On March 16, Samsung’s new Galaxy S9 and Galaxy S9 Plus smartphones will become publicly available. However, pre-orders began on March 2, so technology publications have already had a few days to try out the new gadget.

Samsung has touted its latest mobile iteration to be “revolutionary” and “innovative,” much like every other annual phone announcement. Well, the votes are in: While most reviews didn’t exactly use those two words to describe the new Galaxy models, they by no means hated them.

The Good

The most raved-about thing had to be the phone’s camera, and that’s all because of the S9’s new adjustable aperture feature. This allows users to have much more precise control over how much light comes into the lens, so taking pictures in a dark bar is no longer an issue. Being able to adjust the aperture also means more control over depth of field, so you can take some really high quality close up and distance photos. If you’re a big fan of Instagram, this might be a pretty big selling point.

The S9 aperture at work. 

As you might have expected, the display got stellar reviews. Samsung is potentially the best in the game when it comes to screen tech. They’re pioneers in the race towards a bezel-less phone and the S9 is proof. Gizmodo said the only other display that compares is the iPhone X, which is coincidentally also made by Samsung.

You might have thought it was all over for the headphone jack. Well, Samsung rescued it from the pit that Apple had thrown it in. The S9 is dongle-free. Praise be.

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The Bad

The most cited issue with the S9 and S9 Plus was just how similar they look to the previous Galaxy S8. Now, this might be a good thing for people who didn’t end up getting Samsung’s last phone and can now grab a new and improved edition. But the resounding message was: If you have the S8, stick with it. You’ll barely be able to tell the difference.

The phone’s virtual assistant, Bixby, didn’t garner any glowing reviews. TechCrunch said it was “by far, the most frustrating part of the S9” and other reviews put it in last place compared with its competitors like Siri and Alexa.

Samsung also hopped on the AR Emoji bandwagon, and reviewers weren’t thrilled. Instead of molding your face to a unicorn or alien like the iPhone X, the new Galaxy scans your face and generates a Bitmoji-esque character in your image. Samsung doesn’t use any special face-capturing technology for this, so the results have been reported to be underwhelming. Keep in mind this is a feature you can just completely ignore without detracting from the product as a whole.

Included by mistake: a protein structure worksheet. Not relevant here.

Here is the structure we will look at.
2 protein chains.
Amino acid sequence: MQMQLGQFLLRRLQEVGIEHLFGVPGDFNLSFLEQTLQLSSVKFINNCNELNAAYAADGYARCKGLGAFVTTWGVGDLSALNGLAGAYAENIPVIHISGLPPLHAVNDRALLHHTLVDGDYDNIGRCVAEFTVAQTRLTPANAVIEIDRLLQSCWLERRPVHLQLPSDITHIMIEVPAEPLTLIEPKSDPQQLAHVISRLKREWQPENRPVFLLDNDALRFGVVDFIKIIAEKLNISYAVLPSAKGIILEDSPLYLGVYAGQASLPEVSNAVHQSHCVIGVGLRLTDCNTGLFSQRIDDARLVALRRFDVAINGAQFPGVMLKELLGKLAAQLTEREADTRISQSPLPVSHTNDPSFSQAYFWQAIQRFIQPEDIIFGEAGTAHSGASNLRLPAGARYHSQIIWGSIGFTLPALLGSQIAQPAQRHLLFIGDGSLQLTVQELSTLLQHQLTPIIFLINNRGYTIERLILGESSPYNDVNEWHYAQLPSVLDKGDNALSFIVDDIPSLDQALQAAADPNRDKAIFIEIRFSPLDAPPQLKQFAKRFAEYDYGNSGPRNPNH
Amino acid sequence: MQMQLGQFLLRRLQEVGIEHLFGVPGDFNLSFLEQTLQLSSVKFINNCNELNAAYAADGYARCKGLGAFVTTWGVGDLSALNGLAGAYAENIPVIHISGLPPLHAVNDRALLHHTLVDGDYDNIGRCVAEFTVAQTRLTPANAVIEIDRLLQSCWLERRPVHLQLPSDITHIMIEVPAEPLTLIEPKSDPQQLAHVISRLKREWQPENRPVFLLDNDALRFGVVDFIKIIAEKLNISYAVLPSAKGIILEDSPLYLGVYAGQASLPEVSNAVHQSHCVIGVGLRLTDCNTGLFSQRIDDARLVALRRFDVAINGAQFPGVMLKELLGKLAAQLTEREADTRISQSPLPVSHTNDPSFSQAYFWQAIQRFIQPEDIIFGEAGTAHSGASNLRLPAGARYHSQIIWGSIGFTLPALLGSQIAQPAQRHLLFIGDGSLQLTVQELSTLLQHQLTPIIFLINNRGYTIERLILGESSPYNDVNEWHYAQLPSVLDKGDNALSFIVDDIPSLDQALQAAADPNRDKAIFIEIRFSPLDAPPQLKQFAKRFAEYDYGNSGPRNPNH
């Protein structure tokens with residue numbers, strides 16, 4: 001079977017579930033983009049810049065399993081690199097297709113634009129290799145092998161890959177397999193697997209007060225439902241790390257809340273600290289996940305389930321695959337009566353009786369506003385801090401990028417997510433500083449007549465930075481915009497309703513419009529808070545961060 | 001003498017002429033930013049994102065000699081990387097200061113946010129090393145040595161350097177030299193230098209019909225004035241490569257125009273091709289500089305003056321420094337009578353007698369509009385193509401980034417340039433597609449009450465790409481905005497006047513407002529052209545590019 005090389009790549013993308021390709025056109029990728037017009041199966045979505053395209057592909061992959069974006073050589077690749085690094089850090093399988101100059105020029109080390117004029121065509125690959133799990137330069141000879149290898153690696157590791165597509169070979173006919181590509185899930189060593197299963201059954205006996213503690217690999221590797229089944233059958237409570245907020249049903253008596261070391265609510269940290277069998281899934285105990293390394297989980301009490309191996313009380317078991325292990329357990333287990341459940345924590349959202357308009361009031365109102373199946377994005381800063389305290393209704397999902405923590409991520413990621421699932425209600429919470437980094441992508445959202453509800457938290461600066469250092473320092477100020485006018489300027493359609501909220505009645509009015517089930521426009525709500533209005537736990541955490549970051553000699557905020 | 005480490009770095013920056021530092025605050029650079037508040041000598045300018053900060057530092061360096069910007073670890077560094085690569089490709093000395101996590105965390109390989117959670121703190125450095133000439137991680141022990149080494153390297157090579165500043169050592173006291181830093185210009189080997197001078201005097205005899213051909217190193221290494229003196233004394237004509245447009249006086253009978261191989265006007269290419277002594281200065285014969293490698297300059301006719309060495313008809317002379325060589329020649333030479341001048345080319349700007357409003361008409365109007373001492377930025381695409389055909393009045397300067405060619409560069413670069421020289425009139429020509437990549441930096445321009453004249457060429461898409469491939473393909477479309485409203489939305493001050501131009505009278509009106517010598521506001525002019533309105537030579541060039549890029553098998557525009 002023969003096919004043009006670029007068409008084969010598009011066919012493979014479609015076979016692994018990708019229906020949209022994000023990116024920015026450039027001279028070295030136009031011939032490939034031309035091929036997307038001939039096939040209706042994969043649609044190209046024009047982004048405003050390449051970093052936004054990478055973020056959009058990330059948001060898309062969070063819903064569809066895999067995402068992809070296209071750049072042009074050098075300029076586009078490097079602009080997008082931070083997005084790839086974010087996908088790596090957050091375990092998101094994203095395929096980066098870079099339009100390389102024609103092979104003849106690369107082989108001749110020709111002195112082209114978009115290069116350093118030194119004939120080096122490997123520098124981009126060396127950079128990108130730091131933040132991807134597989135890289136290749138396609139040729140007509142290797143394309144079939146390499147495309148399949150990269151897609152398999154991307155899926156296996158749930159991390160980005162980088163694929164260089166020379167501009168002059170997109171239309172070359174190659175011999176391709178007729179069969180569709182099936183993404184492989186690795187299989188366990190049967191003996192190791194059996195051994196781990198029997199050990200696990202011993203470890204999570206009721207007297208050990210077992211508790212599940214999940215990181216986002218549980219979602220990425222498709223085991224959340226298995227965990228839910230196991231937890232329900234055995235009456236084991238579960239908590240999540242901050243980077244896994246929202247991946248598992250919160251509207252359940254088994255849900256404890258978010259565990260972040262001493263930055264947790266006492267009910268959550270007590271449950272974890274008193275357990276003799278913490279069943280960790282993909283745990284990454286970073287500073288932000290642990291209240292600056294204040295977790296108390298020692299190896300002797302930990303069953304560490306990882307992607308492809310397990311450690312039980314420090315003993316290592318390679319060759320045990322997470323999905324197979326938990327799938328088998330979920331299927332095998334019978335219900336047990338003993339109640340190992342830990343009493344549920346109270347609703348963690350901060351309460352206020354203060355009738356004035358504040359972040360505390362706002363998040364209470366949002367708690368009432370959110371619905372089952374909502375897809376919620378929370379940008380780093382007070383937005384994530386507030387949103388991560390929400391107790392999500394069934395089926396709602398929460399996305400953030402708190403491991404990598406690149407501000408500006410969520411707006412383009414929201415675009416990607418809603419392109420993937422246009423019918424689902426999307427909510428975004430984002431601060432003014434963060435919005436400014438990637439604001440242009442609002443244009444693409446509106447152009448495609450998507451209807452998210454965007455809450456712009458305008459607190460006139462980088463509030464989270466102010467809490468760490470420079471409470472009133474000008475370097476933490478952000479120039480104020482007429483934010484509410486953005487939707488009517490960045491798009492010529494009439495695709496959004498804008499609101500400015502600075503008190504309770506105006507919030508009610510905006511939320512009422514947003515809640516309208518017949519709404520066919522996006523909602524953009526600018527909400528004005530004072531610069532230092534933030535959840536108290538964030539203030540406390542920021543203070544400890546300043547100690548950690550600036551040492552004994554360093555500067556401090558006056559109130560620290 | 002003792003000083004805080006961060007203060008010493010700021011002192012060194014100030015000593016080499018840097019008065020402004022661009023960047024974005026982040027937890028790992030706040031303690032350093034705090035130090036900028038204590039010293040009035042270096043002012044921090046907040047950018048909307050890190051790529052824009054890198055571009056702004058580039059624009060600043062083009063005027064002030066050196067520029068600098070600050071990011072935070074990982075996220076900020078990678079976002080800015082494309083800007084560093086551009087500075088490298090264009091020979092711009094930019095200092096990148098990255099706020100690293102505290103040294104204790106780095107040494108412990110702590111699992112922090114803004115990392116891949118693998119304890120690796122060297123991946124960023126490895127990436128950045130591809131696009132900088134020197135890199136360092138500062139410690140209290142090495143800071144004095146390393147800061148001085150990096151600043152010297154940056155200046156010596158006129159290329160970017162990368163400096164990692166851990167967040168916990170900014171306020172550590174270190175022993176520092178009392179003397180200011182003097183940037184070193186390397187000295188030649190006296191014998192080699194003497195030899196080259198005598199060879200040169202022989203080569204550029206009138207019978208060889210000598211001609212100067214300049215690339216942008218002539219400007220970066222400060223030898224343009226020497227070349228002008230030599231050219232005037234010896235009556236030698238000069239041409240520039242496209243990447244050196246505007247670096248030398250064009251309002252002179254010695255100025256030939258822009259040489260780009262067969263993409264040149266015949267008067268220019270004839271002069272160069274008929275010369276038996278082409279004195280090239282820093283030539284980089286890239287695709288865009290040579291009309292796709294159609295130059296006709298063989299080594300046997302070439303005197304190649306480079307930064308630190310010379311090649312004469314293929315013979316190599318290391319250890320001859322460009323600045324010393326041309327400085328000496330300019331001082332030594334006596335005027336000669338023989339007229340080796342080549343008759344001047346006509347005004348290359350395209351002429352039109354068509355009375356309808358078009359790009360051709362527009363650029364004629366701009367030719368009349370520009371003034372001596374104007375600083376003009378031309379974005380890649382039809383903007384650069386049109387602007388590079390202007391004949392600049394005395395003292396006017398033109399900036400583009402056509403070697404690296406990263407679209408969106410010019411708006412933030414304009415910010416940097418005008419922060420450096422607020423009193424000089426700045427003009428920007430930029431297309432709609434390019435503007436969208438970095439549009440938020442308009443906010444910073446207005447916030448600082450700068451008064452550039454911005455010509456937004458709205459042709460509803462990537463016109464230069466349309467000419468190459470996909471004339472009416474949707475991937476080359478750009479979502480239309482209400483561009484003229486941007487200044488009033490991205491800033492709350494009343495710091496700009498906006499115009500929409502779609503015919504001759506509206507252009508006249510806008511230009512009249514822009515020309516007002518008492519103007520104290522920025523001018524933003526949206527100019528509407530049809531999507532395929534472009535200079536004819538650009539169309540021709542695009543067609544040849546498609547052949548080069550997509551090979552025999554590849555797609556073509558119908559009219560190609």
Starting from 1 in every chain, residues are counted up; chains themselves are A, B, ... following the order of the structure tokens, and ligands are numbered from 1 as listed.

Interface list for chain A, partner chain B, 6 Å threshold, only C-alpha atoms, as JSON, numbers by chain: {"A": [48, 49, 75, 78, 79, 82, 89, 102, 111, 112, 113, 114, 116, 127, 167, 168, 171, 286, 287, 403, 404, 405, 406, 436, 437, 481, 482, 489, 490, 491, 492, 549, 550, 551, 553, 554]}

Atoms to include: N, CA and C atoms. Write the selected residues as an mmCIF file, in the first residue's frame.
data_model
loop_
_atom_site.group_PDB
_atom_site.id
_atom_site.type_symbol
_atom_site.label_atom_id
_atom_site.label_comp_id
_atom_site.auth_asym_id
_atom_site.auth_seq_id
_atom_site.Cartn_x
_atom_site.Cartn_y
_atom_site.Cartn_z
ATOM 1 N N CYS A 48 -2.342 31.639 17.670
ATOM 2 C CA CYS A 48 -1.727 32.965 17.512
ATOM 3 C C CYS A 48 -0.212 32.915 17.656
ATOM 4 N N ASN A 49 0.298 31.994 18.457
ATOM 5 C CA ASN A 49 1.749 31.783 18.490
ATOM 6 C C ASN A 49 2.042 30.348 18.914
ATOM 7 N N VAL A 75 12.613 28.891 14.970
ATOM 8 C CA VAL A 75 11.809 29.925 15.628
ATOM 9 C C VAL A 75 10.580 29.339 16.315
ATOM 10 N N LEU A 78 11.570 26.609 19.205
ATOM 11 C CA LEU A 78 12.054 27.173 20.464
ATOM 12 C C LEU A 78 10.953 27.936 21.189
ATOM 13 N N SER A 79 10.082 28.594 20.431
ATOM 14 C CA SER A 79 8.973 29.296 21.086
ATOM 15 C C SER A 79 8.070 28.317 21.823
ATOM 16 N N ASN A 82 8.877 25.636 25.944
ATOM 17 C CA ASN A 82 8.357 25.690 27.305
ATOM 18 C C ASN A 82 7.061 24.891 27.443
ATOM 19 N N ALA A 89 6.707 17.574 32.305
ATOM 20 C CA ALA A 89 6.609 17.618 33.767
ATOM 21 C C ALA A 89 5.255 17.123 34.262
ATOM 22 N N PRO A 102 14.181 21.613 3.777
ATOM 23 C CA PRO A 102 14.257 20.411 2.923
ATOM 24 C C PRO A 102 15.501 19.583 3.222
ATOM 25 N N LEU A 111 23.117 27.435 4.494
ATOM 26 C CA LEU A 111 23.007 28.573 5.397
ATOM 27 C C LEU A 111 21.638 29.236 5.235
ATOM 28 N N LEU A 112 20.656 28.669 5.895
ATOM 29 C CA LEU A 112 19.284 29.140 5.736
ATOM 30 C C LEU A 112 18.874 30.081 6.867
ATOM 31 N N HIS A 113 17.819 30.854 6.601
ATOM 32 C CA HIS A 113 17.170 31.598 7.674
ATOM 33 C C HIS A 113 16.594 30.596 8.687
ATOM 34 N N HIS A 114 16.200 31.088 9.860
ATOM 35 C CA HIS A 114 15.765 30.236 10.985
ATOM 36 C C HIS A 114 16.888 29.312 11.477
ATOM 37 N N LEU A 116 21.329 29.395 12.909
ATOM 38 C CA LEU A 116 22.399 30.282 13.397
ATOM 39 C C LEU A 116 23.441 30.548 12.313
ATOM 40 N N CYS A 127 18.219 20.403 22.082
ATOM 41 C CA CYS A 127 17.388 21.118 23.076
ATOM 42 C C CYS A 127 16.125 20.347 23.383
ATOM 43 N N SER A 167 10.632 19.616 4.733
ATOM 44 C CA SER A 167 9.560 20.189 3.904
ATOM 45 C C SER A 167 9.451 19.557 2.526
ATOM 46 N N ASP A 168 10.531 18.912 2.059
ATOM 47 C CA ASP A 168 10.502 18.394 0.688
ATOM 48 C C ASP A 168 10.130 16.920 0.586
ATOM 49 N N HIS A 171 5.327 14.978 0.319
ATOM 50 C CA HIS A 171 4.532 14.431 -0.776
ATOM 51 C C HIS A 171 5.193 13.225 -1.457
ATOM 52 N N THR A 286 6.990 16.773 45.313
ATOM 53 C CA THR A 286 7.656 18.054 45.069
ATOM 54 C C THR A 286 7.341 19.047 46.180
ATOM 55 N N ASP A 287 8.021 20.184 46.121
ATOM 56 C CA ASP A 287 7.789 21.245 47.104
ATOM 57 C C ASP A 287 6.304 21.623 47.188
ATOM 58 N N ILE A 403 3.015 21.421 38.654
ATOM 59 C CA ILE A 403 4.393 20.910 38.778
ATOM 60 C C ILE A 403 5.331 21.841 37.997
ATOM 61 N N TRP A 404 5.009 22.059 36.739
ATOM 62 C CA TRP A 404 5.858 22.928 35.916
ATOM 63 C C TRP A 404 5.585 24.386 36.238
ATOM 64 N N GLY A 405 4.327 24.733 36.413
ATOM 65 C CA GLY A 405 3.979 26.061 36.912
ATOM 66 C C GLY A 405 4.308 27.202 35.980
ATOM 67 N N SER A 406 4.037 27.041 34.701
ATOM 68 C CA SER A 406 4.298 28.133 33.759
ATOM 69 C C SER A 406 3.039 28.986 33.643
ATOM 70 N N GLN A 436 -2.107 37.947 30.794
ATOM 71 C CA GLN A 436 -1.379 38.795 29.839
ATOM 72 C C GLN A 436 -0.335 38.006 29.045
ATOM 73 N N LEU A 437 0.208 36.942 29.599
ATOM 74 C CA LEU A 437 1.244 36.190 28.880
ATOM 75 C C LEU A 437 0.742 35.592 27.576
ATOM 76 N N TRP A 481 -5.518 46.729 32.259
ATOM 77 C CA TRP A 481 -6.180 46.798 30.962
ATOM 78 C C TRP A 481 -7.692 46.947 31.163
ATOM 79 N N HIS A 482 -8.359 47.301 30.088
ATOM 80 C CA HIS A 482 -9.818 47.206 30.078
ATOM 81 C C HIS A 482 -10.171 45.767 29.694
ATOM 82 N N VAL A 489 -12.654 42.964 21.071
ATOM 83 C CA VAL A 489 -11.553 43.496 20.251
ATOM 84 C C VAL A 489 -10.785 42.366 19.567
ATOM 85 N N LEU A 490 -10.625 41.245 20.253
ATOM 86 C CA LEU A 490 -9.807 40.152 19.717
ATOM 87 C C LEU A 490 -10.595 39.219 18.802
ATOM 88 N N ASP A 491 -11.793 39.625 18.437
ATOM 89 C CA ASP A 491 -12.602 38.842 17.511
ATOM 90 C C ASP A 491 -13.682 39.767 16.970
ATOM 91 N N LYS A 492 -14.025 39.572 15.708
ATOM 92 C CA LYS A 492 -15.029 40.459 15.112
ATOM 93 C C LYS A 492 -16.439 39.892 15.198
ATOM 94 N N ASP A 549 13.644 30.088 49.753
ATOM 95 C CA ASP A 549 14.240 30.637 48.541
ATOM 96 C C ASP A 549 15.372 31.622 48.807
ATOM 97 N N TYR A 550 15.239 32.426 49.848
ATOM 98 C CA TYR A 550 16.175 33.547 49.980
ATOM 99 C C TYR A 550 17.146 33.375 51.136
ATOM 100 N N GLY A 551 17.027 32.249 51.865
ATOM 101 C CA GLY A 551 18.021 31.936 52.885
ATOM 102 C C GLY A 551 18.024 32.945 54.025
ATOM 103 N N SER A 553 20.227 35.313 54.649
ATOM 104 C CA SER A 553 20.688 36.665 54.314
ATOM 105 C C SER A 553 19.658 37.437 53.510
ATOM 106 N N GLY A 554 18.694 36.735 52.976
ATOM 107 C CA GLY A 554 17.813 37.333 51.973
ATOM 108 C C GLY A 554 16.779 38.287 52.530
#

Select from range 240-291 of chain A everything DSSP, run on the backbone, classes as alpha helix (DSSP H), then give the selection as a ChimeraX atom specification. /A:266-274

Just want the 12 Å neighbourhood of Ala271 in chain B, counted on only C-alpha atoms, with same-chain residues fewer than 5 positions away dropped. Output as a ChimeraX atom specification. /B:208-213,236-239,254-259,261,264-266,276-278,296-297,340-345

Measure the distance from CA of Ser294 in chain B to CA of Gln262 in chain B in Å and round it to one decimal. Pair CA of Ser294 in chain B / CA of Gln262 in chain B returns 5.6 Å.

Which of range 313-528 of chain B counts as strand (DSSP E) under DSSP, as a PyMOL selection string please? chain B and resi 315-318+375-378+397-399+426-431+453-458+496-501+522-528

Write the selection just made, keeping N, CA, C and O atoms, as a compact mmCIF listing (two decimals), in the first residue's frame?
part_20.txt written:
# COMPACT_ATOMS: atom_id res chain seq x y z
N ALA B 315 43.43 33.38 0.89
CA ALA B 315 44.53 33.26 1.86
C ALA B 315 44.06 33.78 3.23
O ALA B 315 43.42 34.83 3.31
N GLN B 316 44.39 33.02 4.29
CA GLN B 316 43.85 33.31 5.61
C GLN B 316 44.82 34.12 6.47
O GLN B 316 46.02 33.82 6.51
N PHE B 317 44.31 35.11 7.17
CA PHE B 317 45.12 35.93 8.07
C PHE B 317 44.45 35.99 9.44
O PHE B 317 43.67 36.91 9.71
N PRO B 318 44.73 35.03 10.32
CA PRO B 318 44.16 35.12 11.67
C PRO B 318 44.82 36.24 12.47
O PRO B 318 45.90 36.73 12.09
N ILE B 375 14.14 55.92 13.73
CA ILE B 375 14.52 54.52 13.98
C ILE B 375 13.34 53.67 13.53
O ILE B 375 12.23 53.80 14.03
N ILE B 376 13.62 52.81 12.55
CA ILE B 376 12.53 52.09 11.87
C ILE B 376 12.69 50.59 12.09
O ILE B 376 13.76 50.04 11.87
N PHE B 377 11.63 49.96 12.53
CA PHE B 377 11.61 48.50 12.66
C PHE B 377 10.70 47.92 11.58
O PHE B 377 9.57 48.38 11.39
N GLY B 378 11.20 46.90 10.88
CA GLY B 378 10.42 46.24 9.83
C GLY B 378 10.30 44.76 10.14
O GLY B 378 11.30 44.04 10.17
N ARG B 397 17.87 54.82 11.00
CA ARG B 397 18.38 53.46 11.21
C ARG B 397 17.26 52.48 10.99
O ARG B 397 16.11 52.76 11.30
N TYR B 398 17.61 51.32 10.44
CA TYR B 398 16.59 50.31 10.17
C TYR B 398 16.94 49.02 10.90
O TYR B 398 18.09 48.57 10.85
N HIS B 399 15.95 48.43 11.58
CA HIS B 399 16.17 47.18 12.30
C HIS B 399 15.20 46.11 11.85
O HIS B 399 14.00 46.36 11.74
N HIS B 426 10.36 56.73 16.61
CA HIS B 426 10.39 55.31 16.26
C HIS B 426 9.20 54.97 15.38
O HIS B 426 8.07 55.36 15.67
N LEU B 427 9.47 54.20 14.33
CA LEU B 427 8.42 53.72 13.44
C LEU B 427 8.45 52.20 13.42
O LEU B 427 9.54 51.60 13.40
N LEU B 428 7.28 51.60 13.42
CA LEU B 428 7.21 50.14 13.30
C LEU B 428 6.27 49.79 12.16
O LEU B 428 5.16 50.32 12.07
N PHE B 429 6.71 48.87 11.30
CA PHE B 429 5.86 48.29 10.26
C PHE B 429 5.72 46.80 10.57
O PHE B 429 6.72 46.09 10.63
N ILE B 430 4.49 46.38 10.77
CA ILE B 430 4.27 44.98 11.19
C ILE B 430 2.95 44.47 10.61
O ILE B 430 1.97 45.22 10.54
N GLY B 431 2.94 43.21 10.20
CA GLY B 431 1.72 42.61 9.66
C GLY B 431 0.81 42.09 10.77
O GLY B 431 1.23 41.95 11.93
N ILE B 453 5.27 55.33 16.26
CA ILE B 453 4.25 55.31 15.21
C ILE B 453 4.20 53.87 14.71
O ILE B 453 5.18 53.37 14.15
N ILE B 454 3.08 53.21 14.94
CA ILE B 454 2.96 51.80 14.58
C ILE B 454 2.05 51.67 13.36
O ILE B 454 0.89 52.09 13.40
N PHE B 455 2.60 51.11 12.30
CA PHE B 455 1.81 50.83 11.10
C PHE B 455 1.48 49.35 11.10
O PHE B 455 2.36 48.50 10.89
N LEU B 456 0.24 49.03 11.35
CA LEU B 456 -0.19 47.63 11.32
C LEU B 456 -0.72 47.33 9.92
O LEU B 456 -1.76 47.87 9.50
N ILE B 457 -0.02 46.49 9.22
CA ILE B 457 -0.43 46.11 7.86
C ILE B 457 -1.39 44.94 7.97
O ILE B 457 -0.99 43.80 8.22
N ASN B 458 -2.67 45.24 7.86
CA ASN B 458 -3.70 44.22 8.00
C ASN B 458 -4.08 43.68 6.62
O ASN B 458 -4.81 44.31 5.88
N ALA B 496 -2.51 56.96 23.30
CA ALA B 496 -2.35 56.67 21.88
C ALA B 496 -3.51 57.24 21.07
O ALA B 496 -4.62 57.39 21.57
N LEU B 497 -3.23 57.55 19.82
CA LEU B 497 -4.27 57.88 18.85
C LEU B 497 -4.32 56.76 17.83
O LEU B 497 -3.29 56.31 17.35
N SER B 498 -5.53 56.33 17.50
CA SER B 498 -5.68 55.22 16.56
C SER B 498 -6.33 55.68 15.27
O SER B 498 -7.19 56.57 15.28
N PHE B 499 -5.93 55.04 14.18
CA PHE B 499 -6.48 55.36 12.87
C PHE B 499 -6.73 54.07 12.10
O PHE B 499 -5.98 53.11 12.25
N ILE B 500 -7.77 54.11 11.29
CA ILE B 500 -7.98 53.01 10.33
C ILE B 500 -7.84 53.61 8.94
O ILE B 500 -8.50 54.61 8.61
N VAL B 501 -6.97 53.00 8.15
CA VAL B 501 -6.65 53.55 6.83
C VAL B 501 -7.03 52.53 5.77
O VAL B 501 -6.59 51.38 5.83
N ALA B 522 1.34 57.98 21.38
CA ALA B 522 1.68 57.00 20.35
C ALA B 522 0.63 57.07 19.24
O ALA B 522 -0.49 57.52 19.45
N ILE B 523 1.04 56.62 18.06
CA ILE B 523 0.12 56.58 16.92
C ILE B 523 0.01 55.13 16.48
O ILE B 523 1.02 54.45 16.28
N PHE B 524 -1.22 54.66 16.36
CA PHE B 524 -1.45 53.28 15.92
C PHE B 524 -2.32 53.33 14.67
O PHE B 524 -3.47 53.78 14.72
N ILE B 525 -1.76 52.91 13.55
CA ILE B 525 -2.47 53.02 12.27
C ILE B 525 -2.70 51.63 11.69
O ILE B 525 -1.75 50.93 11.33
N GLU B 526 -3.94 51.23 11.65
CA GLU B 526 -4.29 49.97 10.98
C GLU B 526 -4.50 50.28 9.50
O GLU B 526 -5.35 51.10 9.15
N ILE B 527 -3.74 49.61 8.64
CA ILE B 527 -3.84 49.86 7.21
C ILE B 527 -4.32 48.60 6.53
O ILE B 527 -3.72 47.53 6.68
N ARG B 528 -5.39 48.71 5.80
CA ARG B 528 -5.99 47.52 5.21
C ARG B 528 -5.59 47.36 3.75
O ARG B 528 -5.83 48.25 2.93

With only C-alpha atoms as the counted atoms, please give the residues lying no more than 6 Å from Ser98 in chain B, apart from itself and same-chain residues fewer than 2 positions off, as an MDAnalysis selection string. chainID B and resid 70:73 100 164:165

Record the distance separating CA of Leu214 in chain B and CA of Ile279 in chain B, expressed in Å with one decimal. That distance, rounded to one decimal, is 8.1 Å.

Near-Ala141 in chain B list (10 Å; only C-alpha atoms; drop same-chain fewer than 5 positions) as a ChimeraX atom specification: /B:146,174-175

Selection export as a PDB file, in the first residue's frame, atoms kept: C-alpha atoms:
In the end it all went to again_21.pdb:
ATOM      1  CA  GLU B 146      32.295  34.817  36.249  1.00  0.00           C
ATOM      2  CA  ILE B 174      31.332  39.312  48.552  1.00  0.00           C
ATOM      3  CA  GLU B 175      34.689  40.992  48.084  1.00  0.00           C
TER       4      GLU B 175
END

S9 vs. S9 Plus

If you’ve decided to pick the newest Galaxy over all of the other smartphones out there, you still have another choice to make. The S9 or the S9 Plus?

For starters, the standard S9 is $125 cheaper than the S9 Plus, which retails at $915. Much like the iPhone “plus” models, the S9 Plus will be notably bigger than the normal version. So if you’re looking for a phone that will slide perfectly into your pocket, the S9 might be the way to go.

But if you’re planning on making full use of your camera, the S9 Plus offers a better camera, more batter life, and more RAM for all those pictures.

While Samsung’s latest product might not have been as “revolutionary” as they first announced, based on the reviews, it still looks like the S9 will hold its own in the market.

Photos via Samsung (1, 2)

On Monday, scientists revealed the first images of a human inside the world’s newest total body scanner, called EXPLORER. The name is fitting because this scanner really leaves absolutely nothing to the imagination, tracking the way drugs and disease progress through every nook and cranny in the body.

Designed by biomedical engineering professor Simon Cherry, Ph.D., and biophysicist Ramsey Badawi, Ph.D. at University of California, Davis, this scanner produces images that look like a hybrid between a PET scan (which is often used to find tumors) and an X-ray, all in ghostly black and white. But what’s interesting about EXPLORER, which will be officially unveiled at the Radiological Society of North America meeting on November 24th, isn’t that it produces detailed images of tissues or bones. Cherry tells Inverse that it can also create 3D movies showing where certain drugs may end up in the body.

Dress shirts can cost so much more than you think. Not just in retail price, but when it comes to laundering, comfort and general ease of wear, the trade-off with traditional dress shirts is that you look the part, but you may never quite feel it. Mizzen+Main has arrived on the scene to disrupt your discomfort with a new kind of dress shirt.

Elon Musk wants to send humans to Mars, and it could happen as soon as 2024. The SpaceX CEO has outlined a plan to get people to the red planet, with bold visions of refueling rockets to “planet hop” and explore the furthest reaches of the solar system.

Many plans for a Mars settlement expect a community in matters of decades. The United Arab Emirates aims for a city of 600,000 by 2117. Astrobiologist Lewis Dartnell told Inverse last month that “while the first human mission to land on Mars will likely take place in the next two decades, it will probably be more like 50-100 years before substantial numbers of people have moved to Mars to live in self-sustaining towns.”

The Boring Company, Elon Musk’s tunnel-boring enterprise he started as a solution to “soul-sucking” Los Angeles freeway traffic, has completed its proof-of-concept tunnel, according to video shared by Musk on Friday night.

The two-mile “test tunnel” begins at the “SpaceX property (parking lot east of Crenshaw Boulevard and south of 120th Street), turns west under 120th Street, and remains under 120th Street,” according to a description on the website for the Boring Company.